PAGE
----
By Kate McKenna
Being diagnosed with rheumatoid arthritis (RA) at age fifteen was surreal. I didn’t understand how it had happened, what was going to happen or what it ment to my life. They told me everything I needed to know but it didn’t make sense. I was in total denial and had deemed myself invincible – I wasn’t going to let this get to me.
I had to start going for naps during and after school – not very cool when you’re a teenager and all your friends are full of life. They were very supportive of me though and I am so grateful to them for getting me through that difficult year.
When I reached sixth year, the RA was so sore that I couldn’t tie my shoe laces, button my shirt or brush my hair. My little sister had to come in every morning to help me get dressed and help put up my hair. It was even sore to walk. I felt like I had been reverted back to a child – with my parents having to cut up my meals for me because I couldn’t use cutlery properly.
Obviously, I had to give up hockey. My mom encouraged me to coach instead, which was very beneficial to me in the long run. It was hard not to be on the team anymore though but I really enjoyed coaching.
There were a few key people during this time that helped me so much. I was going to my GP, Ciara, once a week to get injections – she was so good to me during all this and helped with the psychological side of things as well as the physical. I was very depressed. Between the actual physical pain and the impact it was having on my life, I felt like I was losing the will to live.
I managed to do my leaving cert – I was allowed to take breaks during the exam which was helpful because it was so sore to write at the time. I didn’t expect much but my parents encouraged me to just do it. I passed the exams, but not with very good results. Of course I was disappointed, but very proud that I had done them. I promised myself that when I got better I would go to college and get a degree.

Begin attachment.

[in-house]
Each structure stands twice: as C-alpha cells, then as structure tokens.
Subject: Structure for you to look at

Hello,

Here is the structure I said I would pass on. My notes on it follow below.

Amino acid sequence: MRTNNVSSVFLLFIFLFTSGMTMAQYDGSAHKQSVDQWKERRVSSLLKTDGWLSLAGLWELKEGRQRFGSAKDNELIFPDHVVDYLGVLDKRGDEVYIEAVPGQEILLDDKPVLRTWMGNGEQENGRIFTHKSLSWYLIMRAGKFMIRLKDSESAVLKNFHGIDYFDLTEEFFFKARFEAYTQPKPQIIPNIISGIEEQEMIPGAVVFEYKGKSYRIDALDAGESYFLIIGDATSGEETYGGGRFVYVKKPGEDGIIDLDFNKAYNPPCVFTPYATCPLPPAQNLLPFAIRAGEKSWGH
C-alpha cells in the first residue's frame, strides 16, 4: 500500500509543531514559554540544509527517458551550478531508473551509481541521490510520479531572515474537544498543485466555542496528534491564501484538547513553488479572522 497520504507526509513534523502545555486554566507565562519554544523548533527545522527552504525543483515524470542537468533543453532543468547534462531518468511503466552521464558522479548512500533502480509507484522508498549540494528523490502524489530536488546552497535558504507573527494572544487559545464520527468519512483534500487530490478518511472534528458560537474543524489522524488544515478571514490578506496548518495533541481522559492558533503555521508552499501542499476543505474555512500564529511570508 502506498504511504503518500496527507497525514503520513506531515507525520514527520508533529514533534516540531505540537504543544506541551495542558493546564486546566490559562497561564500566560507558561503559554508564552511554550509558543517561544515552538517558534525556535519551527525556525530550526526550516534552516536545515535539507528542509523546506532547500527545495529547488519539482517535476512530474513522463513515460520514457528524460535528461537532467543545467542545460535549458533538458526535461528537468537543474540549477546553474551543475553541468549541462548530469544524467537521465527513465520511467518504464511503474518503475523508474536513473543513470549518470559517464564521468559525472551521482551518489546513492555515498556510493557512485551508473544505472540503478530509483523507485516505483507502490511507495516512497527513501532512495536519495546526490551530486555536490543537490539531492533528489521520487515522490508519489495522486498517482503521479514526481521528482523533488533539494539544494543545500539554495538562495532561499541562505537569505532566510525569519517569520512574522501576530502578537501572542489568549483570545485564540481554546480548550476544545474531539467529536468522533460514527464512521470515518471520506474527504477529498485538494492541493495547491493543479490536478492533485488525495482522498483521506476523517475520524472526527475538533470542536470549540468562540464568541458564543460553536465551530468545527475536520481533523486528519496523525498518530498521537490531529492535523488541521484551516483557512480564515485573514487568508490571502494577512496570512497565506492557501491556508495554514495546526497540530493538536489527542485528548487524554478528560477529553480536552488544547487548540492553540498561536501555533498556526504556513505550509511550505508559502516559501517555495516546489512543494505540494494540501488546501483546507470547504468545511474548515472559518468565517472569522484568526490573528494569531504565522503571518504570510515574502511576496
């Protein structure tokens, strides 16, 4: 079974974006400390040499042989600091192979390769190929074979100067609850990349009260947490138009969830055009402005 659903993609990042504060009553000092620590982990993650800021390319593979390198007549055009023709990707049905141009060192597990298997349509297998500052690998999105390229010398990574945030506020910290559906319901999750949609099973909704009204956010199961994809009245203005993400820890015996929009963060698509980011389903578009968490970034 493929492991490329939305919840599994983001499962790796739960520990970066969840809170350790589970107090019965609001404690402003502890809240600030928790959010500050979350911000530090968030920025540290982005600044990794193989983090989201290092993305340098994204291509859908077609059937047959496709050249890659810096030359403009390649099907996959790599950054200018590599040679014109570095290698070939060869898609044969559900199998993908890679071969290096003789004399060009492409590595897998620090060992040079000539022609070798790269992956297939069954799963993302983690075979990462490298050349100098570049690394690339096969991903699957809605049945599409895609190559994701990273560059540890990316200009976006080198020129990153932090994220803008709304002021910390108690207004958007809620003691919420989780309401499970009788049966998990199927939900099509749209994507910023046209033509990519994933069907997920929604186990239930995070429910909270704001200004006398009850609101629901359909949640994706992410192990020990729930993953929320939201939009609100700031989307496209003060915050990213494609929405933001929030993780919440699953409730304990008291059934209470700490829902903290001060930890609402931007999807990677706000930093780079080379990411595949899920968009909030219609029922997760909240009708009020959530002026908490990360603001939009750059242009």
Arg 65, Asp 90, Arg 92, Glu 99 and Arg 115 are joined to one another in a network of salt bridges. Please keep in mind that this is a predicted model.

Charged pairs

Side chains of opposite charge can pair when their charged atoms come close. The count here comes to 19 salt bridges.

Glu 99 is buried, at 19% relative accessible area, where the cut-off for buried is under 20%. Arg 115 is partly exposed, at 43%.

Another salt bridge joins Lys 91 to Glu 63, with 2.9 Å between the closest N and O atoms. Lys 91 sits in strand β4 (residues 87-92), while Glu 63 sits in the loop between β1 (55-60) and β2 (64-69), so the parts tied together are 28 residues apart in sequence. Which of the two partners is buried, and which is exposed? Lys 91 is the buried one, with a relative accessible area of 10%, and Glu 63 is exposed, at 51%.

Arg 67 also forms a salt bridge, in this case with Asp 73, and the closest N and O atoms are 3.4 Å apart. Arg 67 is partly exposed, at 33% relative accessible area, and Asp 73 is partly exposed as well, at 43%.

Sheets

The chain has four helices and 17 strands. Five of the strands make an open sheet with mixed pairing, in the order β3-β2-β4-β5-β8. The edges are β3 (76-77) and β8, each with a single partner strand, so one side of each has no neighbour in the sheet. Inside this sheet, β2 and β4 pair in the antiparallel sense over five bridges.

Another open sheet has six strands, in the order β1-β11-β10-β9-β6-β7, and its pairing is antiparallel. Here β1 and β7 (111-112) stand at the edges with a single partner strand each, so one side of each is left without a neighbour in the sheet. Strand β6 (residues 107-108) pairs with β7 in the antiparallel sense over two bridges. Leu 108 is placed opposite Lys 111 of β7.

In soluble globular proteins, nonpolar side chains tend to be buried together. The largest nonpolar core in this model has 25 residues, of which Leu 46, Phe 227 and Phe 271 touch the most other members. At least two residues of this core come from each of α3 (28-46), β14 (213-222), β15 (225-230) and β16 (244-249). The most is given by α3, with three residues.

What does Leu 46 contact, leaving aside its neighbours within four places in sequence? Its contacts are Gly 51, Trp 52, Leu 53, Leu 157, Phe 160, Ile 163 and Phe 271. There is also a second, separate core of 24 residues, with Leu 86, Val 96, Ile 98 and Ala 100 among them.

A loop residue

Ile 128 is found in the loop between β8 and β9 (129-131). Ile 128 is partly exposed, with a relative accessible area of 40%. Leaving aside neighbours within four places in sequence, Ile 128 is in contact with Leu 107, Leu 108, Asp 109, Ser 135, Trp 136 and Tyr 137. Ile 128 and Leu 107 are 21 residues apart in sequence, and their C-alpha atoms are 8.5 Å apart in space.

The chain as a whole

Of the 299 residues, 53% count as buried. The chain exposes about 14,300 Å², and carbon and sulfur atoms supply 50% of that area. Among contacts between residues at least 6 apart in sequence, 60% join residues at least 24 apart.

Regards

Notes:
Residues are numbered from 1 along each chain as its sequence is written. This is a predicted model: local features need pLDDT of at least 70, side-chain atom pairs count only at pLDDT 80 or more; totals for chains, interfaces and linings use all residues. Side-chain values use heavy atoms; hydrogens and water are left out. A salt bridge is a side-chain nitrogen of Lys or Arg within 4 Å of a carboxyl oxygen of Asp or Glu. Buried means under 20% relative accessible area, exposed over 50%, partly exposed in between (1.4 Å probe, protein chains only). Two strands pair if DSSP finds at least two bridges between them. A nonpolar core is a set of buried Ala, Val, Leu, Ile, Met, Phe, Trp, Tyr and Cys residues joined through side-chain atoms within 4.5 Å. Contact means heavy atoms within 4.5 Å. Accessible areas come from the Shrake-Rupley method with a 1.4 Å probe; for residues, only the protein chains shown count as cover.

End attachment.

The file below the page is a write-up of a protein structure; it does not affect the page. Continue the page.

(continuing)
At this stage, I was seeing the late Dr Michael Kelly in Blackrock Clinic. We had developed a good relationship and he was always so nice to me. We used to make eachother laugh – which is nice when you are getting cortisone injections into every joint in your body! He made me think that it was not such a depressing thing and that I could live a normal life – “do whatever you can do”. I’m sorry I never got to tell him just how much he influenced my life before he died.
It has been 12 years since I was diagnosed, which actually seems like a lot when you put it down on paper! Apart from the occasional flare up, I am in good health. I am still taking painkillers and anti-inflammatory tablets every day, as well as injecting Methotrexate and and anti-tnf every week. But it’s just the norm at this stage!
I am working a job I love, working indirectly with children; I am playing hockey and even completed a triathlon recently! I am studying a degree at night and hope someday to work as a clinical psychologist. I have never felt as good.
RA has taught me a lot – it’s taught me you are stronger than you think you are, and even if something is painful, you can get through it. It’s taught me that good friends stick around when you’re in good form and bad. But most of all, it’s taught me that you should always “do what you can do”.
For information on support services available for people affected by Juvenile Arthritis, see the Juvenile Arthritis section of our website: http://www.arthritisireland.ie/news/newsItem.php?id=79